Wednesday, July 26, 2006

The Mysteries of Udolpho

In Chapter 6 (Volume 1), Catherine gushes about The Mysteries of Udolpho by Ann Ward Radcliffe. The text of the book can be found online here. I did a quick search for references that Catherine made to the black veil, and I believe this section is it:

Passing the light hastily over several other pictures, she came to one concealed by a veil of black silk. The singularity of the circumstance struck her, and she stopped before it, wishing to remove the veil, and examine what could thus carefully be concealed, but somewhat wanting courage. 'Holy Virgin! what can this mean?' exclaimed Annette. 'This is surely the picture they told me of at Venice.'

'What picture?' said Emily. 'Why a picture--a picture,' replied Annette, hesitatingly--'but I never could make out exactly what it was about, either.'

'Remove the veil, Annette.'

'What! I, ma'amselle!--I! not for the world!' Emily, turning round, saw Annette's countenance grow pale. 'And pray, what have you heard of this picture, to terrify you so, my good girl?' said she. 'Nothing, ma'amselle: I have heard nothing, only let us find our way out.'

'Certainly: but I wish first to examine the picture; take the light, Annette, while I lift the veil.' Annette took the light, and immediately walked away with it, disregarding Emily's call to stay, who, not choosing to be left alone in the dark chamber, at length followed her. 'What is the reason of this, Annette?' said Emily,
when she overtook her, 'what have you heard concerning that picture, which makes you so unwilling to stay when I bid you?'

'I don't know what is the reason, ma'amselle, replied Annette, 'nor any thing about the picture, only I have heard there is something very dreadful belonging to it--and that it has been covered up in black EVER SINCE--and that nobody has looked at it for a great many years--and it somehow has to do with the owner of this castle before Signor Montoni came to the possession of it--and'---

'Well, Annette,' said Emily, smiling, 'I perceive it is as you say--that you know nothing about the picture.'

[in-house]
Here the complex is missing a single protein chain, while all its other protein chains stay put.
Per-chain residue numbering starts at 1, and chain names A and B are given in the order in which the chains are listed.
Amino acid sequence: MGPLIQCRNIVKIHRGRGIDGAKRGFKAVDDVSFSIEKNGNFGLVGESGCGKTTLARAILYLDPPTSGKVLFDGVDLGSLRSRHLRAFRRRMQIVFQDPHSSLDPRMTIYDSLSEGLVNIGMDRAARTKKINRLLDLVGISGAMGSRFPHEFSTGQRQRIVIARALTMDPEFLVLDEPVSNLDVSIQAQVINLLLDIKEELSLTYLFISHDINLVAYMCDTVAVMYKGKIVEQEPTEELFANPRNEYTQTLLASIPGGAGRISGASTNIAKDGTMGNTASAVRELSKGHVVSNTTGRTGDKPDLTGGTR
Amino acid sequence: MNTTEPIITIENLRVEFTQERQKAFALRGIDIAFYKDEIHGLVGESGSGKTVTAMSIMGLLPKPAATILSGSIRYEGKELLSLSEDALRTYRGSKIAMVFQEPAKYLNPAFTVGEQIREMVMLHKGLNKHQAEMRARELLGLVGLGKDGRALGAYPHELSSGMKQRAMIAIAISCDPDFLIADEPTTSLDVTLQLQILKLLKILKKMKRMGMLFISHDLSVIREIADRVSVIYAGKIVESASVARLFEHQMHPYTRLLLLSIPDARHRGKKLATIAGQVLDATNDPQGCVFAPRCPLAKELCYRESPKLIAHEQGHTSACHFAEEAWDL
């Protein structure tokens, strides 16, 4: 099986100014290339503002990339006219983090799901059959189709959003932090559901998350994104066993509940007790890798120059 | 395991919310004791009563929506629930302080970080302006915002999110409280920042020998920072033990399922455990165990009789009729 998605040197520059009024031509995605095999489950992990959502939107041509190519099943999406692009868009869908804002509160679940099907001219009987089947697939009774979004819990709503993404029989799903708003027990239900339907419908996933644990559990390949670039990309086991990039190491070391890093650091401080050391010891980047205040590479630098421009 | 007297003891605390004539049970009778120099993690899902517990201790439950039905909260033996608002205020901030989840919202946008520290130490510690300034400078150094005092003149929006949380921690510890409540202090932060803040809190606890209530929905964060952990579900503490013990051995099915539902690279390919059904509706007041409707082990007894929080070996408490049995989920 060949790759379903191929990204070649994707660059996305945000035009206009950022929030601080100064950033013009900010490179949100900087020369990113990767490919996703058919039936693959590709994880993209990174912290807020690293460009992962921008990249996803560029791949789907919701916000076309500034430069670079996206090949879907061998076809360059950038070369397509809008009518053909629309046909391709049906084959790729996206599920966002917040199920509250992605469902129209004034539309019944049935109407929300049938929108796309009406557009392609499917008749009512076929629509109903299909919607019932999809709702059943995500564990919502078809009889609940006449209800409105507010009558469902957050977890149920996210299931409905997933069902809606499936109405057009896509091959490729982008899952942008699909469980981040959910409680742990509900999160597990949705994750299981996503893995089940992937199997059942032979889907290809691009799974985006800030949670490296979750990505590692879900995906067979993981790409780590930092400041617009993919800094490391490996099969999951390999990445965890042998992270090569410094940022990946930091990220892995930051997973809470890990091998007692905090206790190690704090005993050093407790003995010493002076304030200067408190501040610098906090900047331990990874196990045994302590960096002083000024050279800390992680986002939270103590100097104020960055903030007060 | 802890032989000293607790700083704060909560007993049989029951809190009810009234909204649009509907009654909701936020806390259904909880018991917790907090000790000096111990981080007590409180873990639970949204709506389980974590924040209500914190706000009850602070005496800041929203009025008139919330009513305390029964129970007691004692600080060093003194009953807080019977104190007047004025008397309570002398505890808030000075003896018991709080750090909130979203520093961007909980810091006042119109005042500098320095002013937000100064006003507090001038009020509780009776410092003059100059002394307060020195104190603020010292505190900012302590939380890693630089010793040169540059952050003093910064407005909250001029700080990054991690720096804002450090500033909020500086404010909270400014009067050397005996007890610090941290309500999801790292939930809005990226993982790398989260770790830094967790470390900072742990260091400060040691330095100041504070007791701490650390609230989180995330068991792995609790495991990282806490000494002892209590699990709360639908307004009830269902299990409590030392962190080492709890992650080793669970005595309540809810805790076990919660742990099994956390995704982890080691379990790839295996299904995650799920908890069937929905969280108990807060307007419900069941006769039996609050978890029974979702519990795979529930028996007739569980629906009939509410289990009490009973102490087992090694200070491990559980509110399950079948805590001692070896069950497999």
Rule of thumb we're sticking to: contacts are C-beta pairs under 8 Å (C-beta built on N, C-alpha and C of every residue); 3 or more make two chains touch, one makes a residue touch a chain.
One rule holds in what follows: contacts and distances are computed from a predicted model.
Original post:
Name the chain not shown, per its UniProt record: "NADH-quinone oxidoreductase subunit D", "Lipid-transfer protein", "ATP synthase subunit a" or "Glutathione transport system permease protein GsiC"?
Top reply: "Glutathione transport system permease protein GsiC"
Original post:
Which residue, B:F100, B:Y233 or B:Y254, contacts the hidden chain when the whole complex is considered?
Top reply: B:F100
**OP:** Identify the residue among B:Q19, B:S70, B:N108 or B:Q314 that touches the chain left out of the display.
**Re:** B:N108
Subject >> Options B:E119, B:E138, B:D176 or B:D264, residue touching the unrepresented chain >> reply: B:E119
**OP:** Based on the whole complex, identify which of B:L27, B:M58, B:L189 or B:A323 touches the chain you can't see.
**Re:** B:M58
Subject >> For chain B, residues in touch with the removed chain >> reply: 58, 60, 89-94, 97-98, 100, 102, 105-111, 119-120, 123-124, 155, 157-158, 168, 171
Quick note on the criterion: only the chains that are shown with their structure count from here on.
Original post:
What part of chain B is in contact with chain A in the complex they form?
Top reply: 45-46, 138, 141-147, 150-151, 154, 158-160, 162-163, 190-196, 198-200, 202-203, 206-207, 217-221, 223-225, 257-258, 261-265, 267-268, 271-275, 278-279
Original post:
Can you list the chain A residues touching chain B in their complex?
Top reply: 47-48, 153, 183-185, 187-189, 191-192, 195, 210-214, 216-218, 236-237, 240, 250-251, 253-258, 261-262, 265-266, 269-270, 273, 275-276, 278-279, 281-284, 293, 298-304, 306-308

'No, nothing, indeed, ma'amselle, for they made me promise never to tell:--but'--

'Well,' rejoined Emily, who observed that she was struggling between her inclination to reveal a secret, and her apprehension for the consequence, 'I will enquire no further'---

'No, pray, ma'am, do not.'

'Lest you should tell all,' interrupted Emily.

Whatever could be behind the veil? I won't tell here, but maybe in the comments...

This brought to her recollection the veiled picture, which had attracted her curiosity, on the preceding night, and she resolved to examine it. As she passed through the chambers, that led to this, she found herself somewhat agitated; its connection with the late lady of the castle, and the conversation of Annette, together with the circumstance of the veil, throwing a mystery over the subject, that excited a faint degree of terror. But a terror of this nature, as it occupies and expands the mind, and elevates it to high expectation, is purely sublime, and leads us, by a kind of fascination, to seek even the object, from which we appear to shrink.

Emily passed on with faltering steps, and having paused a moment at the door, before she attempted to open it, she then hastily entered the chamber, and went towards the picture, which appeared to be enclosed in a frame of uncommon size, that hung in a dark part of the room. She paused again, and then, with a timid hand, lifted the
veil; but instantly let it fall--perceiving that what it had concealed was no picture, and, before she could leave the chamber, she dropped senseless on the floor.


Dwight said...

It seemed to conceal a recess of the chamber; she wished, yet dreaded, to lift it, and to discover what it veiled: twice she was withheld by a recollection of the terrible spectacle her daring hand had formerly unveiled in an apartment of the castle, till, suddenly conjecturing, that it concealed the body of her murdered aunt, she seized it, in a fit of desperation, and drew it aside. Beyond, appeared a corpse, stretched on a kind of low couch, which was crimsoned with human blood, as was the floor beneath. The features, deformed by death, were ghastly and horrible, and more than one livid wound appeared in the face. Emily, bending over the body, gazed, for a moment, with an eager, frenzied eye; but, in the next, the lamp dropped from her hand, and she fell senseless at the foot of the

Dwight said...

(The three excerpts are from various places in the book--I didn't make that clear)

Tiredbuthappy said...

I just ordered Udolpho from my library. I'm too curious not to read it.